Auditors Are Finding Millions in Mishandled COVID-Era Education Funds

Auditors Are Finding Millions in Mishandled COVID-Era Education Funds
Students walk to an elementary school in Chicago on Jan. 12, 2022. (Scott Olson/Getty Images)
Ryan Morgan

Millions of dollars in pandemic-era relief spending that went to K-12 public education and universities was misspent, according to federal and state audits.

As COVID-19 spread around the world in 2020, federal, state, and local officials encouraged or ordered policies that led to the closures of businesses and schools around the United States. Between 2020 and 2021, Congress appropriated about $7 trillion in economic stimulus spending, including about $280 billion for states, K–12 schools, school districts, and institutions of higher education.

The U.S. Department of Education’s (DoE) Office of Inspector General has compiled audit reports from several states, at times finding state governments had insufficient procedures for distributing pandemic-era funds given to them by the federal government.

For example, a DoE audit of funds (pdf) given to Oklahoma through the Governor’s Emergency Education Relief (GEER) fund found that the state lacked assurances that $31 million, out of the $40 million appropriated to the state, was used appropriately. An audit of Michigan’s GEER-related spending (pdf) found potentially insufficient assurances that $5.4 million, of the $89.4 million the state received, was used properly.
In a comment to the Wall Street Journal, Republican Oklahoma Governor Kevin Stitt blamed the lack of accounting for pandemic-relief money in part on pressure from the federal government to quickly disburse education relief money without clear guidance on how it was to be awarded.

“That’s what happens when big government goes out just throwing money around,” Stitt told the publication.

A DoE audit of pandemic relief money for the University of Cincinnati (pdf) determined the university “did not provide complete and accurate student eligibility and financial data to support 3,297 (totaling $3.4 million), or 6 percent, of its award determinations.”
Local officials have also uncovered evidence of mishandled COVID relief. In February, California’s Fiscal Crisis and Management Assistance Team (FCMAT) published a report (pdf) faulting the  Stockton Unified School District for awarding a $6.6 million contract to install air purification systems in schools to an out-of-state firm without a competitive bidding process.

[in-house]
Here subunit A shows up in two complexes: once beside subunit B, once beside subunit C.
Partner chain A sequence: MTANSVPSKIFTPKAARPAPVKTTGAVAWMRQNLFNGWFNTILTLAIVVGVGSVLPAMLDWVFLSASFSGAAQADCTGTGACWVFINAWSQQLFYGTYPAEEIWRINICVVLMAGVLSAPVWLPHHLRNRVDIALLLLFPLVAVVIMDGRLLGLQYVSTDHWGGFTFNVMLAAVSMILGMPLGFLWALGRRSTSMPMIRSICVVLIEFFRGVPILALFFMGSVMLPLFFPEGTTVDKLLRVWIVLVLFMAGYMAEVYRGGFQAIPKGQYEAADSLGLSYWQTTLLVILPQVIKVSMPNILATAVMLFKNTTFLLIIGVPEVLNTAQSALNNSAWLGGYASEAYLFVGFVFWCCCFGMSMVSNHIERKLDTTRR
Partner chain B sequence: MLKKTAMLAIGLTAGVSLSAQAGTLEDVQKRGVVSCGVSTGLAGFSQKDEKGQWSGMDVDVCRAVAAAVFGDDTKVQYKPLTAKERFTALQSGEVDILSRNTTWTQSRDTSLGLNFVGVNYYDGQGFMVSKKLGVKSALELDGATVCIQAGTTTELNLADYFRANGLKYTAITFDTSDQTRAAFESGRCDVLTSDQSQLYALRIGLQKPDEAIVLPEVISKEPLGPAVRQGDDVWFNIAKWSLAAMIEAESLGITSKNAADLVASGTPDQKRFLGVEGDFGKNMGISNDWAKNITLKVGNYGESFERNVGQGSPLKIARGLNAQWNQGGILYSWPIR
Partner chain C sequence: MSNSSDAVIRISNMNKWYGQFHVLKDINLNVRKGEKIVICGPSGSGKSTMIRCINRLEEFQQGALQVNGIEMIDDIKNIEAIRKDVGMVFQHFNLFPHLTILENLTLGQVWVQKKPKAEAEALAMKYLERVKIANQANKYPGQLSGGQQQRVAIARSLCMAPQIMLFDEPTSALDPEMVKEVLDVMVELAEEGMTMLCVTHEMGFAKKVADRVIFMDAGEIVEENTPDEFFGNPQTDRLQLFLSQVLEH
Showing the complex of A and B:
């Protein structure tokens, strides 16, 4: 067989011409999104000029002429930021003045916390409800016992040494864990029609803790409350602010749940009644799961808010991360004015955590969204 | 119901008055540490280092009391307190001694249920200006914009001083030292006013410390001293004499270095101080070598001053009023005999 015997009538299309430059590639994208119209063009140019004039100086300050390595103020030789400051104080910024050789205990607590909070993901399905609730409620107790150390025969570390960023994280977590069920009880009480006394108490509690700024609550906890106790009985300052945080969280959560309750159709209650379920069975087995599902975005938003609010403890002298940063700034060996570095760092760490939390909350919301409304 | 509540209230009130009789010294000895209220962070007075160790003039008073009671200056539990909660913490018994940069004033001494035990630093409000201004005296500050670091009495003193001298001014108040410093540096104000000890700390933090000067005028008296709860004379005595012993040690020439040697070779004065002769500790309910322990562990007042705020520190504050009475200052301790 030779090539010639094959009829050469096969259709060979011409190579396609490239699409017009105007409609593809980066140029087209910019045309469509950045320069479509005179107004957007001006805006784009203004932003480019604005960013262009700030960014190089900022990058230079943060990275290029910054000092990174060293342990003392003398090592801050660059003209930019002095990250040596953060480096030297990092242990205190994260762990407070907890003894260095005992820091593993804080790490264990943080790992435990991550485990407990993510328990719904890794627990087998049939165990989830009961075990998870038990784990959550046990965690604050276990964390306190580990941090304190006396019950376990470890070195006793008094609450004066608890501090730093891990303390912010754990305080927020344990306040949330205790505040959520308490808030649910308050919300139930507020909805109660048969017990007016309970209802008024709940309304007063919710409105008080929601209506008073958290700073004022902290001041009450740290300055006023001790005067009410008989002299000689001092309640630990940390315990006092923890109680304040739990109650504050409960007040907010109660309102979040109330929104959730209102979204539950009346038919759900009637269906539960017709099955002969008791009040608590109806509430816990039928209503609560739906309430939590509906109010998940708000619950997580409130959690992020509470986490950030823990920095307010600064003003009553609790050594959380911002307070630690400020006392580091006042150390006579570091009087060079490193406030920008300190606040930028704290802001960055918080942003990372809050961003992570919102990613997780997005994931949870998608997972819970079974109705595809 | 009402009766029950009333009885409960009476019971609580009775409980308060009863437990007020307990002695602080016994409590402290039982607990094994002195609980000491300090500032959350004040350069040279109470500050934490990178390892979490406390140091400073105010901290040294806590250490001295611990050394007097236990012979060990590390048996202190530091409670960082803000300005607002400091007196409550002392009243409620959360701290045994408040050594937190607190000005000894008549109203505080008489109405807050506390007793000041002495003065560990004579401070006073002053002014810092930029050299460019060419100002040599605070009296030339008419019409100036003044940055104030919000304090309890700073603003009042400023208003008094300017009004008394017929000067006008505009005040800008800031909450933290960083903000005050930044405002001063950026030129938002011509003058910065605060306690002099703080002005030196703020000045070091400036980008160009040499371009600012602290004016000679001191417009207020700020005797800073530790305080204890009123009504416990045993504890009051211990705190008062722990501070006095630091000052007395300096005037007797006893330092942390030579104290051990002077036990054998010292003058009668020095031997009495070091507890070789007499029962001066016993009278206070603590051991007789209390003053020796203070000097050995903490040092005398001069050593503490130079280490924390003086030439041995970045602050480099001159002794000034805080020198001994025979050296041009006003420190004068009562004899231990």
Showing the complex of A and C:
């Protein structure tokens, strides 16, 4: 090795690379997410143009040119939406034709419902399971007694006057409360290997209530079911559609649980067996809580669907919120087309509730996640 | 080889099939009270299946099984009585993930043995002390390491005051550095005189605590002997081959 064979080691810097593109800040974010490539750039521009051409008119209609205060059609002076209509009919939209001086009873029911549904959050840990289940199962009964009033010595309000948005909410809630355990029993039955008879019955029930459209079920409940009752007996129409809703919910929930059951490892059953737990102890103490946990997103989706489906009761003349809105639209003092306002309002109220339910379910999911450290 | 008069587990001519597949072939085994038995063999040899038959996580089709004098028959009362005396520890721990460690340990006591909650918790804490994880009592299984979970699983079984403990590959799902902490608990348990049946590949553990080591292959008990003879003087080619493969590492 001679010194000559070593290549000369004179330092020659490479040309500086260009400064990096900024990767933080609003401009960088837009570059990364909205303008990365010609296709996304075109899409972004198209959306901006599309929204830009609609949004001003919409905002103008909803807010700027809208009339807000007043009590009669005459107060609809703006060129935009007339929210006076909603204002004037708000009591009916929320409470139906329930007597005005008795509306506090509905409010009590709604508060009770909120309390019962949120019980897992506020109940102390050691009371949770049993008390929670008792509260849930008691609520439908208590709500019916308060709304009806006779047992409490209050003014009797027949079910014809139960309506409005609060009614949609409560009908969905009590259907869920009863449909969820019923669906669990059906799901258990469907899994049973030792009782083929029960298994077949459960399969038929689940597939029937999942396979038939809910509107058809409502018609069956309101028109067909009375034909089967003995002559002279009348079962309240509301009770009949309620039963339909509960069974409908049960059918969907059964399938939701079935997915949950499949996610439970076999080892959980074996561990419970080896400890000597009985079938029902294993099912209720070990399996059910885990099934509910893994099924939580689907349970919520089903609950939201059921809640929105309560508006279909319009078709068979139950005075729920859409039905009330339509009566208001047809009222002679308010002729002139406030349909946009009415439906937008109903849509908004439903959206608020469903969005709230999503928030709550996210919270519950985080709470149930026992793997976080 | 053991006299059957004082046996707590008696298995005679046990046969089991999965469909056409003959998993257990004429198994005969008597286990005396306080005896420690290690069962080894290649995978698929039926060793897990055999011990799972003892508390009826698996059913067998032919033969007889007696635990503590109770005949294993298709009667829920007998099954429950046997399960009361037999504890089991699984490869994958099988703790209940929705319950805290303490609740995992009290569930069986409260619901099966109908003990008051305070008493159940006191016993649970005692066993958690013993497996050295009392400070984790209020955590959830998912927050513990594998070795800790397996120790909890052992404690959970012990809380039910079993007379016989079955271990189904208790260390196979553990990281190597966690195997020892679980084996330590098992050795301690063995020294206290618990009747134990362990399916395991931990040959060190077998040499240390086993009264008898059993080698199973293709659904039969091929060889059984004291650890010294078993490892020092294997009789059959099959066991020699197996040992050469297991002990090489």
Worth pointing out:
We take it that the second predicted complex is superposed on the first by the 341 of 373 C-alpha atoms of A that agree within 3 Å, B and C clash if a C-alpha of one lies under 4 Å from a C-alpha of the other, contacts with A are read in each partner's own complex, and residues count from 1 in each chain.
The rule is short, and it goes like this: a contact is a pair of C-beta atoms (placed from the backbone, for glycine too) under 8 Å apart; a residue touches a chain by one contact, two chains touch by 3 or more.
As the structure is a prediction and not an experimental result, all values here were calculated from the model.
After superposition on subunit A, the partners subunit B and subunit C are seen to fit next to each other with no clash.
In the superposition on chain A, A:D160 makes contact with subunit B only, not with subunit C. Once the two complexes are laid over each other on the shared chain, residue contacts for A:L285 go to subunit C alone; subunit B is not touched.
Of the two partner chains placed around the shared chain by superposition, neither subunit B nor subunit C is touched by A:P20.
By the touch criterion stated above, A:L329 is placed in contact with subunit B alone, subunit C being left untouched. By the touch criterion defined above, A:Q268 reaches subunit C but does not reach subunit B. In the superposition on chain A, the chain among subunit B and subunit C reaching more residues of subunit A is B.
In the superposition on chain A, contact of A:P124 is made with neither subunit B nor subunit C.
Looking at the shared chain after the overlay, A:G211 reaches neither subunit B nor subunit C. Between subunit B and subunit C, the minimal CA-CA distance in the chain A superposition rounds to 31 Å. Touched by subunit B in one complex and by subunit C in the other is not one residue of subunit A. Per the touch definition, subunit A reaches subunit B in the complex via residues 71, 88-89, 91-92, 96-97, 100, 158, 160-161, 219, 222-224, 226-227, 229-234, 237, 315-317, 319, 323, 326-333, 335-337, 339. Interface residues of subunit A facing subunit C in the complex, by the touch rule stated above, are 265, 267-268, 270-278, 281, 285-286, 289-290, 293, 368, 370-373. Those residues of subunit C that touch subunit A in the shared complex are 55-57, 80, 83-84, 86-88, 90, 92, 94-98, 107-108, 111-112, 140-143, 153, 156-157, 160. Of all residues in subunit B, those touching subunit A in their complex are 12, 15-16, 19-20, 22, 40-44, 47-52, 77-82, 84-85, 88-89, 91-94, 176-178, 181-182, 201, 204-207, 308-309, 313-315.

Fraud and Scams

While the DoE found some states and schools lacked a sufficient documentary process to ensure the eligibility of their pandemic-era relief fund awards, some individuals have been charged with outright fraud in their handling of education relief money.
In January, a Louisiana man was sentenced to 11 years in prison and ordered to pay restitution of millions of dollars. Prosecutors alleged the man, who ran an education consulting firm, used the information of 180 of his student clients to enrol them in education programs that received pandemic-era relief funding; and instead, directed all of that funding to his personal bank account. The Louisiana man received $1,468,239 in pandemic-era federal student aid loans through this scheme.

The DoE has issued a warning that the pandemic-era scams “can take many shapes, like missing school funds or property, irregularities in contracts or undue influence by people in decision-making positions, identity theft and fraudsters posing as students to steal student aid, or scammers targeting student loan borrowers offering to provide services related to coronavirus student loan relief for a fee.”

Even without being able to directly defraud education relief spending programs, fraudsters have appeared to take advantage of the confusion surrounding pandemic education relief to scam students out of their money.

In September, the Central Connecticut State University Police Department warned students of a scam in which the perpetrator would contact individual students, telling them that they were eligible for financial aid through a “Covid Relief Fund.” Victims would receive a check and believe it to be real, only for the fraudsters to claim that there was an error and request that the money be returned. The victim student would repay out of their own funds only to see the original check they had been issued bounce, leaving them short the amount of money they originally believed they had been awarded. The university warned that one student had already fallen victim to the scam.
On Thursday, President Joe Biden’s administration joined calls for Congress to approve more funding and resources and extend statutes of limitations to investigate and prosecute pandemic-era fraud.